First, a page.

1. The simplest would be to model momentum within a game / set / match based on the current score or current margin – that way, there’s still only one probability to use in each grid cell, and you can mostly keep things the same.

2. To be more true to the question you asked, I think it would need to be path-dependent – e.g. if the game is at 40-30, the player who is behind might still be the one getting the ‘boost’ if they scored the last 2 points. You could model this with a table with a row for each possible path, e.g. 1-2-2-2-1, and the associated probabilities. It wouldn’t be too hard to generate every path up to, say, 20 points long that could happen in a game (and the odds of it going longer than that would be vanishingly small), and sum the probabilities over each.

3. That version still only allows for momentum within a game, which wouldn’t carry across. Listing out every path of points that could lead to winning a match would be effectively impossible, so the only thing I could think of to keep modeling momentum in this case would be to create a Monte Carlo simulation to run one match at a time, then run a big data table to estimate the probabilities. Obviously with probabilities in the range of 10^-115, that’s no use at all – but with a more realistic match-up, it might work.

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Solid!

Yes, I was thinking Monte Carlo as well and don’t know whether it would give meaningful results without a gargantuan number of iterations. Correlation might increase the odds of the underdog winning the match by getting some good runs in, which could reduce the number of iterations required – but my guess is that it would not be down to a manageable number of iterations.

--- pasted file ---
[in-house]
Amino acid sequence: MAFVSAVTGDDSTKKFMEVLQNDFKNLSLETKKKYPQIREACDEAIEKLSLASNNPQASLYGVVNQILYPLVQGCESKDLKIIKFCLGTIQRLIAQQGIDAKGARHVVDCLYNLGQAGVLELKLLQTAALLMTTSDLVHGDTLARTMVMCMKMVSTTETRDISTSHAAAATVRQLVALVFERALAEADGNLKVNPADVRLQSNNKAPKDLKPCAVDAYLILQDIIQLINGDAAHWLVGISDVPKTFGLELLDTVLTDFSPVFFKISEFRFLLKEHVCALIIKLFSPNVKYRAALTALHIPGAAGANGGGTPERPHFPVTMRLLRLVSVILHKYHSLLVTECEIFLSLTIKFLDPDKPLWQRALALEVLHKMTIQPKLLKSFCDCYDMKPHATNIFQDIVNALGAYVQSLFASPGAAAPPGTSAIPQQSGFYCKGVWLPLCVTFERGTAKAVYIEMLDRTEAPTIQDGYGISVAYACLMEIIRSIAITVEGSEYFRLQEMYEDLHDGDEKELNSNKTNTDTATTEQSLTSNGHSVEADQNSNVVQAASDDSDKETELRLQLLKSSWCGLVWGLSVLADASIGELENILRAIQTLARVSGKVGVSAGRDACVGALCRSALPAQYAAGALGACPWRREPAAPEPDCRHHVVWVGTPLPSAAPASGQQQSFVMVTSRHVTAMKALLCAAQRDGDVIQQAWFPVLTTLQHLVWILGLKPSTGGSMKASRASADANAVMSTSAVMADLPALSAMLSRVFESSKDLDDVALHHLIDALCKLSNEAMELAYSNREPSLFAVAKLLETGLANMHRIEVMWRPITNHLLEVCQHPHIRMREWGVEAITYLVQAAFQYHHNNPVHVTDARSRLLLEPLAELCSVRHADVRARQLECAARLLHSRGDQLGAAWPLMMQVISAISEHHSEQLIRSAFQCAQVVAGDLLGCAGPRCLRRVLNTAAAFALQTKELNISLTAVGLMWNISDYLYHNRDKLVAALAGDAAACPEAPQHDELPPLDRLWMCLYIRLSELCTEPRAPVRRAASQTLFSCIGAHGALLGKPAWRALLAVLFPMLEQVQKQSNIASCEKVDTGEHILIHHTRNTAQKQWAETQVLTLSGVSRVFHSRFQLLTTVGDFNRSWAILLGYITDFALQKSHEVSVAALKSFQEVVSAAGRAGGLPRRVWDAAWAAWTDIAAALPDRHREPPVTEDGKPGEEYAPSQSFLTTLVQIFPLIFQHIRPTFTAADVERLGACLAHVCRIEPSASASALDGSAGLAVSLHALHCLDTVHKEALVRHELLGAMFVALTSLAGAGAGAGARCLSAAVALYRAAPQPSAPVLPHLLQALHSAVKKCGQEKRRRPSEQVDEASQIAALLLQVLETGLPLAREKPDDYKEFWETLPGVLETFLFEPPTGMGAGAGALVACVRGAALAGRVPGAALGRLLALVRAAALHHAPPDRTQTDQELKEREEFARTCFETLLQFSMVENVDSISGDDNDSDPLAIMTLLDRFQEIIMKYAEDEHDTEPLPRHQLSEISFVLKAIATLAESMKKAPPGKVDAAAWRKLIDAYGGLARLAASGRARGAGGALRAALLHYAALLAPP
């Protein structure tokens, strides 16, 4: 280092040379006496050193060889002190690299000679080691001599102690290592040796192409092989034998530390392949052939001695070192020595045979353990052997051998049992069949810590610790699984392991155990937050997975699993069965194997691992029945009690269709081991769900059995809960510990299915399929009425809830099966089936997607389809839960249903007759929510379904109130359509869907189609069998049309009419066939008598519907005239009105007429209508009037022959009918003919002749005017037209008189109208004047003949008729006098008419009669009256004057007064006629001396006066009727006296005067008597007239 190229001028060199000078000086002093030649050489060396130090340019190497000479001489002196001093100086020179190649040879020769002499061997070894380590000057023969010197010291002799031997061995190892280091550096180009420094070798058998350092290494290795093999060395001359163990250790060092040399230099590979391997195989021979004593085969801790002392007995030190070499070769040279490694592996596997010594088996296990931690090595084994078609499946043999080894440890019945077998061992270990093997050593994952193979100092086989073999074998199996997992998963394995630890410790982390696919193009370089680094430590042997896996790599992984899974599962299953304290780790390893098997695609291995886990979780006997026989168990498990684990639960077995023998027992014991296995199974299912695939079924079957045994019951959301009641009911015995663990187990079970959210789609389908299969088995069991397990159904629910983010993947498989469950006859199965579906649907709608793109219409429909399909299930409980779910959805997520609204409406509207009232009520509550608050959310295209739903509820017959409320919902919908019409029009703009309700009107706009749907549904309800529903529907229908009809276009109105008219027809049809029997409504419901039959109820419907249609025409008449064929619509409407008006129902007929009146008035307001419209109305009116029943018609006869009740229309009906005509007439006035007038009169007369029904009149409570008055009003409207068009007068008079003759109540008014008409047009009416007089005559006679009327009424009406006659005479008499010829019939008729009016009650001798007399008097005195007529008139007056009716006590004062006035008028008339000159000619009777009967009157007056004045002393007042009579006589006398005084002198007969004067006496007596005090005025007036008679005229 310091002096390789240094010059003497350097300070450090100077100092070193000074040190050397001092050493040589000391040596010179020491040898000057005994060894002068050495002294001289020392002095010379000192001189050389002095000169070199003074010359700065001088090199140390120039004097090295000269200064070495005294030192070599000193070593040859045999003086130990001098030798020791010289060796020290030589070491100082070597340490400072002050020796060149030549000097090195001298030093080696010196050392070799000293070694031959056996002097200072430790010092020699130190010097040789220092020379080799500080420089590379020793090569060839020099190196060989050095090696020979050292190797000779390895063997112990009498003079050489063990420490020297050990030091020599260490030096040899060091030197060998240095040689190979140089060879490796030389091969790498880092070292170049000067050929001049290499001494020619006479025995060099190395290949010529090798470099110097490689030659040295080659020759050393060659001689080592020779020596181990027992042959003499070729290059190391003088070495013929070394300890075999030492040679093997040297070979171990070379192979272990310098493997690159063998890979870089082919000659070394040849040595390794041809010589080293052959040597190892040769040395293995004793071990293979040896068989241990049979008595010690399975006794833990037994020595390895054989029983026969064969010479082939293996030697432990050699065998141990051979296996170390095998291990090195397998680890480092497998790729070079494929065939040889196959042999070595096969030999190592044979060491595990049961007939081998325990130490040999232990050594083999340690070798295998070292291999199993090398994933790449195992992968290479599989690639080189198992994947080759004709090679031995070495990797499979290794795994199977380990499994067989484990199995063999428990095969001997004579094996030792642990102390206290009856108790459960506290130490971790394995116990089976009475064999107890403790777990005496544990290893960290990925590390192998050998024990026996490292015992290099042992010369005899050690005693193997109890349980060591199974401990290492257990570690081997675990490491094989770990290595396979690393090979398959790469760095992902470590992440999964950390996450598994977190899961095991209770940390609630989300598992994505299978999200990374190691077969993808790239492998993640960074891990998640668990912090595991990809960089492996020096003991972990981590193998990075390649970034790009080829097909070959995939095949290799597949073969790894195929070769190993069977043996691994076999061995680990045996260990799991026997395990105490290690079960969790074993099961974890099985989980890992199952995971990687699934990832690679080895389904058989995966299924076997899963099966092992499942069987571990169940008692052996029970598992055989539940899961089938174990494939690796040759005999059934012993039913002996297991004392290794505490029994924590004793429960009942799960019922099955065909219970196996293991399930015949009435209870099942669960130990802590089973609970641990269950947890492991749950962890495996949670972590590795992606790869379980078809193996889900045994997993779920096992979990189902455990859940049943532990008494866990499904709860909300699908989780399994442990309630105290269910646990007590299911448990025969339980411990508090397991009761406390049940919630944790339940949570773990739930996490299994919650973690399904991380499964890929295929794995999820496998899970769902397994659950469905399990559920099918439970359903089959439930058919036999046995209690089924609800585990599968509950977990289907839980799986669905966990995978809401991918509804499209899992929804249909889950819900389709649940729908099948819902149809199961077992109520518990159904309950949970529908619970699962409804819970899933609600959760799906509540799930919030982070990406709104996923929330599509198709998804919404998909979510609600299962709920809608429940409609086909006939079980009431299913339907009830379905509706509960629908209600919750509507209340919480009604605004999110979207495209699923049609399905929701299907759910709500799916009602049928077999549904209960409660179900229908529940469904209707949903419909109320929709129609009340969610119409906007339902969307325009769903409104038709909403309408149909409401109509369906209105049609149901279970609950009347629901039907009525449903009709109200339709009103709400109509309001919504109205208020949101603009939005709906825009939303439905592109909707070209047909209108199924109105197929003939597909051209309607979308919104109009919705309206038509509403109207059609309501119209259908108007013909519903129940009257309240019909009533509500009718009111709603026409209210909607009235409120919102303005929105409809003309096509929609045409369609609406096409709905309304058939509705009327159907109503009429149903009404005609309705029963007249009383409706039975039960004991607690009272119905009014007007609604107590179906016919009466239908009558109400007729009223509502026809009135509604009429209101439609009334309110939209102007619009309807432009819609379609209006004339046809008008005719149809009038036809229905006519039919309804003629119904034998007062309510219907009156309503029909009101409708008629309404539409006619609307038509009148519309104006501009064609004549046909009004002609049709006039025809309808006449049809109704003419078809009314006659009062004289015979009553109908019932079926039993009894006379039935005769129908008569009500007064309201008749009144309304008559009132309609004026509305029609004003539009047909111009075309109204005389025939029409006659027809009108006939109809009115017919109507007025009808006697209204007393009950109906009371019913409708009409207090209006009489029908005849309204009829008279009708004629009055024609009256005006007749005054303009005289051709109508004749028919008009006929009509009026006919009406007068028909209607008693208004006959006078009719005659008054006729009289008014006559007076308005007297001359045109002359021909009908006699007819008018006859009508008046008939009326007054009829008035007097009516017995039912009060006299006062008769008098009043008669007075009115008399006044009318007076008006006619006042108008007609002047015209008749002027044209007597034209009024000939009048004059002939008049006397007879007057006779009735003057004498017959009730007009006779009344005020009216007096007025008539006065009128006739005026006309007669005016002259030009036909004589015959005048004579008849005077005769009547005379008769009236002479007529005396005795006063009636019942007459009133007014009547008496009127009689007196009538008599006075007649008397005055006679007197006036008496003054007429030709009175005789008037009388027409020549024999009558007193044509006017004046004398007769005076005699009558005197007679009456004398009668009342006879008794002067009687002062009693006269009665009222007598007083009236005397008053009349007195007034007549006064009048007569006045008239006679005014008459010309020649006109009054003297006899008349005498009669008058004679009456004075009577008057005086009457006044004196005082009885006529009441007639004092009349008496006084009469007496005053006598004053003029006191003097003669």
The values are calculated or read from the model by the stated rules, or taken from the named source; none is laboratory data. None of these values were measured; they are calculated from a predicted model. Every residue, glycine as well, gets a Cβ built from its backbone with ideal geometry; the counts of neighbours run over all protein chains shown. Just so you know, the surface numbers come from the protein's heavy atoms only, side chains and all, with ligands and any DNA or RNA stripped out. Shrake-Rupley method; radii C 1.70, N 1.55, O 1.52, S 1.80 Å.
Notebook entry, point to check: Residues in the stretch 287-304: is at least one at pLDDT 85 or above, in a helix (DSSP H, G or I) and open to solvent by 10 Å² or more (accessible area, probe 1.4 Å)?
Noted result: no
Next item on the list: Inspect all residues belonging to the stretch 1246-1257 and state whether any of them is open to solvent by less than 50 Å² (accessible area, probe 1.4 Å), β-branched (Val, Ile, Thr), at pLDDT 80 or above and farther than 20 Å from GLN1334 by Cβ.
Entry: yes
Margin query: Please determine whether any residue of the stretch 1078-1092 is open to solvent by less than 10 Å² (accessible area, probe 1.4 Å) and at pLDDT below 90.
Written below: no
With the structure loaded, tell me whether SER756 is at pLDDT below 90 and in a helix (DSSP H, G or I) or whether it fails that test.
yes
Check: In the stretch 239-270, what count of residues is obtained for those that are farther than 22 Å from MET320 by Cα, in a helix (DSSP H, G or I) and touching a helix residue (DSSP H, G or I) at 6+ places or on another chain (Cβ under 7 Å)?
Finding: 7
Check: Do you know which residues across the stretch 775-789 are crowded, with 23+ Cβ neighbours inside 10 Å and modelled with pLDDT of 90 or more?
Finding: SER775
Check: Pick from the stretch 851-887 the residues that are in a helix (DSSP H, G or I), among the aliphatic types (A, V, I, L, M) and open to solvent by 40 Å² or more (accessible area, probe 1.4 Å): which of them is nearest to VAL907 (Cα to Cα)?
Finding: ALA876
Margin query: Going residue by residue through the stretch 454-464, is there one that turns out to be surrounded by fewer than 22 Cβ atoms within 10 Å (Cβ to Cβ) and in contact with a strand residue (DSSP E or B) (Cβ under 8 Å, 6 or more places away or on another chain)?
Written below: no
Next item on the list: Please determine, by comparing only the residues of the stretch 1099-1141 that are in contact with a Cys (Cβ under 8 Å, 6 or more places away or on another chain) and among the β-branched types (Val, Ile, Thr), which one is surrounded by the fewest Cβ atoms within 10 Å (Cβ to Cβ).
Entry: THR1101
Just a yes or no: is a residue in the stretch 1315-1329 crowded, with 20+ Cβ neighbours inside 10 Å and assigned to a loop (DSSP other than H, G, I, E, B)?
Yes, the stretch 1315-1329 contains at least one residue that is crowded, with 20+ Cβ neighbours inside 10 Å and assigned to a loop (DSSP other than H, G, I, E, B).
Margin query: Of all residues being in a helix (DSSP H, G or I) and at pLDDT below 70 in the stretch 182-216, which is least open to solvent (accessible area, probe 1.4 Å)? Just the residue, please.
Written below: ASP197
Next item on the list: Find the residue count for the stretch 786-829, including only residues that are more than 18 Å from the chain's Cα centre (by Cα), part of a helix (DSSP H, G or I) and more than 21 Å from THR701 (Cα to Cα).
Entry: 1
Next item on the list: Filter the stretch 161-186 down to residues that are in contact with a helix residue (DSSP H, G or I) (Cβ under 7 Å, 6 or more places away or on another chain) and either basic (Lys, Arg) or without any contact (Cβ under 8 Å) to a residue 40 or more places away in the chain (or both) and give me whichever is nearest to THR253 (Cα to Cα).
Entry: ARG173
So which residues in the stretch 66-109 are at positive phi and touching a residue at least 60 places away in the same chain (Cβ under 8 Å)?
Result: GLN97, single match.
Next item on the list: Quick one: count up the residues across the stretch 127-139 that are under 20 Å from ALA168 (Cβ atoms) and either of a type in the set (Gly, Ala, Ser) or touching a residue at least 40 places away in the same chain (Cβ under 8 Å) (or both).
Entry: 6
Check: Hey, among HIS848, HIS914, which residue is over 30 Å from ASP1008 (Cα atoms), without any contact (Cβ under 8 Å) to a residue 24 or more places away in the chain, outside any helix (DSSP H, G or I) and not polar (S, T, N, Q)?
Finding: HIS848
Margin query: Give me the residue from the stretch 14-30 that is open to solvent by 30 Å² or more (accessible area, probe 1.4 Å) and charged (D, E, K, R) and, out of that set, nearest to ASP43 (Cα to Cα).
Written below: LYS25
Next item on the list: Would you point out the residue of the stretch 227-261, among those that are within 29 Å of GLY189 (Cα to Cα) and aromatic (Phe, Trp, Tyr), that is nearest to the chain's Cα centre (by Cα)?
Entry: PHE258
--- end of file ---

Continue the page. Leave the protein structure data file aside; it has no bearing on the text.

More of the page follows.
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Thanks a lot Dim for your work and especially for this post ! Reading your blog revives my lost interest in math and statistics and I’m more willing to learn them in a spreadsheet context as you do in your posts.

I must confess, I did not dig deeper in this article and need to review it later, but I have a little suggestion about cumbersomeness of your model : why not use VBA for handling the iterations and calculation mode or even the formula and data table ?

Once more time, thanks a lot !!! Just want to know if you know some books or resources to learn math in spreadsheet context, i think it’s very fun !!!

Regards,

STEPHANE NTONGA

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Hi Stephane,

I’m not sure if VBA would avoid the iterations – you could use a copy / paste macro instead of iterative calculations, but I think that would make it slower rather than faster. You might be able to use VBA to construct the table more easily, if you’re quick with VBA. I’m a lot quicker with formulas, so I generally go for very light-touch code and do as much of the heavy lifting in the spreadsheet as possible.

I don’t know of a lot of other places with my odd mix of statistics and spreadsheets, but a couple of places you could try are the Bacon Bits blog (http://datapigtechnologies.com/blog/), which has had some good posts on stats concepts before, and the past questions from ModelOff (http://www.modeloff.com/questions/), especially Snakes & Ladders and Monte Carlo.

Hope that helps.

Best,

Diarmuid